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Dear Arthur,

could you please provide a reference on the methodology used for your
Binomial GLMM? I've just read a paper written by Engel et al (1995)
discussing your Gilmour et al. (1985) procedure, but aren't sure if this is
what you use in ASREML? I can't find reference to your exact procedure in
the manual, but I guess by now you will not be using your early approach....?

I have also read the various answers regarding aspects of running GLMMs
(on-line and in the manual), and have a fairly general understanding of
what's going on (I think). However, I am a bit confused as to exactly what
information the Deviance value is telling you (and why you calculate it
twice per iteration used to estimate the VC) and how this is related to
dispersion. This probably just reflects my appalling understanding of GLMMs
in general, but would appreciate it if you could help out with a laymans
description of what exactly is going on (and I can read your reference
material at leisure until I better understand it :-)).

For example, it is my understanding that when your variance heterogenity
factor (deviance/DF) is approximately 1 (as occurs under and animal model)
there is no need to allow for overdispersion because it doesn't exist when
cluster size=1 (ie don't re-run using !disp). Further, that the deviance is
supposed to represent the goodness of fit of replacing y values with fitted
values. I would have thought this also equated with maximising the
information contained in the working variables for parameter estimation,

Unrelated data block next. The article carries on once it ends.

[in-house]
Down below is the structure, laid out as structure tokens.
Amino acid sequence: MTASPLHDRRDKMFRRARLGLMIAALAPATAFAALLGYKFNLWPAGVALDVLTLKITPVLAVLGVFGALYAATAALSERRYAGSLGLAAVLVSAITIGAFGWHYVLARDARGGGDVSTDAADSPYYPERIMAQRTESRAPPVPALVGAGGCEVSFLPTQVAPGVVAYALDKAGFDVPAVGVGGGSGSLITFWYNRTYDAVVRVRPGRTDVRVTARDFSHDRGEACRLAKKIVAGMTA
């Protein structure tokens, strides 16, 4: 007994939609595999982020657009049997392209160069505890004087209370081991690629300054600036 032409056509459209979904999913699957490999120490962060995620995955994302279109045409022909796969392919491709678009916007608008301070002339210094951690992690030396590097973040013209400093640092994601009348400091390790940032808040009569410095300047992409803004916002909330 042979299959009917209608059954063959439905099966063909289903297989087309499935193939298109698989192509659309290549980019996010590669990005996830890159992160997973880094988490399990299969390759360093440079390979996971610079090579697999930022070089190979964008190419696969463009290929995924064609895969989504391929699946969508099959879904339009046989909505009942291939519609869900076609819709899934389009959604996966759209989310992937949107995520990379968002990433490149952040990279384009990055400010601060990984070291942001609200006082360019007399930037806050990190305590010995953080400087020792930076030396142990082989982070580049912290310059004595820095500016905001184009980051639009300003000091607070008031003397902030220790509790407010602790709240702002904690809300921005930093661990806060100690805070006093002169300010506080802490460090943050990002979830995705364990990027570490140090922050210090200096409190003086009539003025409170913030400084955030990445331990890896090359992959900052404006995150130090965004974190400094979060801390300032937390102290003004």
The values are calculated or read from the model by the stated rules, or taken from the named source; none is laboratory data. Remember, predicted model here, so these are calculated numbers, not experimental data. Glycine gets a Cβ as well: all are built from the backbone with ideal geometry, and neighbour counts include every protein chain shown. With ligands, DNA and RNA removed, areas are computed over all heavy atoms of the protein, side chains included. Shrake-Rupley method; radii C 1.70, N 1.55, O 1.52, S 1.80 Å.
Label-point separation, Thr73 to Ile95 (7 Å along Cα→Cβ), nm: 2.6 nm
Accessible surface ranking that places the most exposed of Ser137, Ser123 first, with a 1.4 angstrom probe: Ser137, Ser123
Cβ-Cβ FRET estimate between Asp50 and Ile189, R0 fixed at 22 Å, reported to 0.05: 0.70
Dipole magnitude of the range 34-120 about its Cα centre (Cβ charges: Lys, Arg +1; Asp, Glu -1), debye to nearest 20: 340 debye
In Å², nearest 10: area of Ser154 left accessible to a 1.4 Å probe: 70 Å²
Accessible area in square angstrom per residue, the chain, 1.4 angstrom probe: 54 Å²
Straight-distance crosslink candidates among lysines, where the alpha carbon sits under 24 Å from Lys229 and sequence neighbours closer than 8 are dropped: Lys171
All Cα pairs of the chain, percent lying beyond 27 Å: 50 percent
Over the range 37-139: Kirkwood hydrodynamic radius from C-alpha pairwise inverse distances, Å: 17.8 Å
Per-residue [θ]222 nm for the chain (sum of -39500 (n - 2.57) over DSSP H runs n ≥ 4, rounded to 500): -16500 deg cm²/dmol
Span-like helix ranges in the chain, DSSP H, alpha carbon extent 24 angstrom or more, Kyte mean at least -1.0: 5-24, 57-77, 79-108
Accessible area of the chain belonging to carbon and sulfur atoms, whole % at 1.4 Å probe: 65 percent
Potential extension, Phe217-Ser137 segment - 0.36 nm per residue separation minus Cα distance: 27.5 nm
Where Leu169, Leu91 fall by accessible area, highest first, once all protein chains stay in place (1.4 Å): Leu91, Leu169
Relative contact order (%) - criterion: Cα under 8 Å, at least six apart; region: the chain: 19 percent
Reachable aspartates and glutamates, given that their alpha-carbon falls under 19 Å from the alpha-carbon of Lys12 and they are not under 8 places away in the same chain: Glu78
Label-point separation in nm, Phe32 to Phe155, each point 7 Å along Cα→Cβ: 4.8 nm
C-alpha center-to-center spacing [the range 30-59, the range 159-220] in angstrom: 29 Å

but guess it doesn't account for the larger measurement error associated
with the small cluster size (ie an animal) compared to larger cluster sizes
(eg. a sire)? Hence, even though the deviance is smallest and disp is
approx. 1 under an animal model, this in no way tells you that the estimate
of additive variance (for example) is going to be the best of alternative
models. In fact, the additive variance under an animal model is strongly
biased downwards - not very helpful if you are wanting to fit an
additive-maternal model. Further, this unaccounted for additive variance
can be picked up by additional random effects which have inherently high
sampling correlations with the additive effects (eg maternal). ie resulting
in spurious maternal effects for example. It is also not possible to
compare the Log-likelihoods of additive vs additive-maternal effect models
(my simulations often show the incorrect direction of change under more
parameters). Is this something to do with  not being able to use deviance
as an appropriate measure of fit when cluster size=1 (although cluster size
presumably varies for the different effects: ie., = 1 for animal effects
but is large for sire effects)?

Have I got the right understanding of what deviance, variance heterogenity
and dispersion mean in the context of interpreting output from ASREML? Is
the deviance adjust a scaled deviance - or is your variance heterogenity
(VH) value a scaled deviance (D/disp)? What if the implied dispersion is
incorrect? It seems to me that after running with !disp (sire model), the
error variance was altered but the VH value was pretty much the same anyway
(ie, no improvement in fit - just rescaling?). Is this always the case with
using !disp, and if so, why bother rescaling weights if the fit of the
model is not improved?

Also, regarding models where we want to estimate maternal effects (for
example), what are the best options for 0/1 data?

Anyway, no doubt I have just displayed how little I understand about GLMMs,
but hopefully others will also benefit from your reply :-).

Hope you are enjoying your visit OS (or are you back now?)...



Kim Bunter (M.Rur.Sc)
PhD Student
Animal Genetics and Breeding Unit
University of New England
Armidale, NSW, 2351

Ph (ISD): -61-2-67733788
Fax (ISD): -61-2-67733266
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